The limited partner has no liability beyond what he or she contributed to the formation of the partnership, but that party has no control over the day to day operation of the company. Depending on whether or not you and your spouse share in the partnership the value of each portion will need to be analyzed prior to final mediation or trial.
An operating business is another type of LLC that is commonly seen. These businesses are more often than not made up of only one or a few members.
If you are the spouse that is a member of this type of LLC you owe a fiduciary duty to the community estate which means that you must put the interests of your community estate (the estate of which you and your spouse both share in) before your own interests in conducting business related to the LLC.
The benefit of having only one owner is that it is easier to divide the ownership interest in a divorce case between you and your spouse. There is merit to the discussion of what is more advantageous for both parties: dividing the LLC up between each of you or allowing one spouse to retain their ownership in the LLC and then providing the other with assets or property that are equal to the ownership interest in the LLC.
When created, family businesses often place restrictions on who can become a member. This is done in order to make sure that only family members can actually join in the family business. Divorce is an easy way for an interest in the business to be divided up all sorts of different ways where the “purity” of ownership can get muddied. LLCs can restrict membership and keep the “bloodlines” pure in the LLC.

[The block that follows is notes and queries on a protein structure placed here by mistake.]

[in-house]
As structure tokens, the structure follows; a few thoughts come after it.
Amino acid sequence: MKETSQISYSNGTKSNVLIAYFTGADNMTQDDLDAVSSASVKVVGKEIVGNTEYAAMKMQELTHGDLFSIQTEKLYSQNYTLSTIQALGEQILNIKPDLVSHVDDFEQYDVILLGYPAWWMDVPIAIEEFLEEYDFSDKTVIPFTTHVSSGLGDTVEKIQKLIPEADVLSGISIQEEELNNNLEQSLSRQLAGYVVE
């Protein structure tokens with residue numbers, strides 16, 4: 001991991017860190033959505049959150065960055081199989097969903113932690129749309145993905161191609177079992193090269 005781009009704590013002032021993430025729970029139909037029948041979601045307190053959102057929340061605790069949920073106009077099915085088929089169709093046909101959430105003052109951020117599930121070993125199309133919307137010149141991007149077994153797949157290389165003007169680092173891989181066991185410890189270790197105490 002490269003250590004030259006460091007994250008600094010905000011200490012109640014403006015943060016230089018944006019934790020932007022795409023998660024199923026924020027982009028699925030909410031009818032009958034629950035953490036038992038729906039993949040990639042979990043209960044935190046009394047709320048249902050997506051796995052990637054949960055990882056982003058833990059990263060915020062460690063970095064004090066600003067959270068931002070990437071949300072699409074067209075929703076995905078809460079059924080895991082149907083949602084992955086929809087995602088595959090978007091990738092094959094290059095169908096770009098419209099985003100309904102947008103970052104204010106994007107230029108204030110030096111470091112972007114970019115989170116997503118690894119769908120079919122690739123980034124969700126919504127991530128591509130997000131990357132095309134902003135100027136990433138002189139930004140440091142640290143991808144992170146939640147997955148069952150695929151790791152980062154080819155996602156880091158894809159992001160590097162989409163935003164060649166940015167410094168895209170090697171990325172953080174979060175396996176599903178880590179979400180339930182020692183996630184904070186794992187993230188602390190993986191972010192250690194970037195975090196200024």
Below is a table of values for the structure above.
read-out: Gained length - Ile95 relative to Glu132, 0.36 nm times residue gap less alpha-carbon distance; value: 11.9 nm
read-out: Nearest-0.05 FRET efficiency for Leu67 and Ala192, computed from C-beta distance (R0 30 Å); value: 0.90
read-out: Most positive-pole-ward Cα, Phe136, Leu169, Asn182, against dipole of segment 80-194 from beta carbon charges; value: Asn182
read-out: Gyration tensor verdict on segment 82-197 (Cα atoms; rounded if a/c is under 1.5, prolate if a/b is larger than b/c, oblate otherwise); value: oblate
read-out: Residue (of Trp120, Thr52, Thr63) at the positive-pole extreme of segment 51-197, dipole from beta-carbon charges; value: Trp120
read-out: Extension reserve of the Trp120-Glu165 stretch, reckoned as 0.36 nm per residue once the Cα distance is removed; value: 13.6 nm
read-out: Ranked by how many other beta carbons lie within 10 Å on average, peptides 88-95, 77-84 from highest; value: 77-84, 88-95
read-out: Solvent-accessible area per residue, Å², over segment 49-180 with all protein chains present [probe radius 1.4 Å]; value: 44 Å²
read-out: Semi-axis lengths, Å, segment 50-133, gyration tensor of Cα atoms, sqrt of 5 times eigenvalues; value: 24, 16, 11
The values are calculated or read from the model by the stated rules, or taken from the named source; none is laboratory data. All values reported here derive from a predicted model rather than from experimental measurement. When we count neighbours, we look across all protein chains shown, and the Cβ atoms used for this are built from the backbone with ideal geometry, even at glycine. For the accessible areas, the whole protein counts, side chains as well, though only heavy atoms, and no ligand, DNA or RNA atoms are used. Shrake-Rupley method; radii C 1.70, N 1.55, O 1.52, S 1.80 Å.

How is an LLC formed?
Now that we know a few of the different types of LLCs let’s discuss how one is actually formed. The origination document is known as an operating agreement. The terms by which the LLC is operated, the manner in which debts are paid or members get paid are laid out, as well as who can actually become a member of the LLC.
As we touched on earlier in these blog post restrictions on how an interest in the LLC can be transferred are gone over in the operating agreement. Usually, a transfer of an ownership interest is made to be fairly difficult in order so that membership in the LLC is controllable.
Now that we’ve discussed the basics of an LLC we can get into what can happen to an LLC in your divorce. Stay tuned for tomorrow’s blog post from the Law Office of Bryan Fagan, PLLC that will discuss exactly that.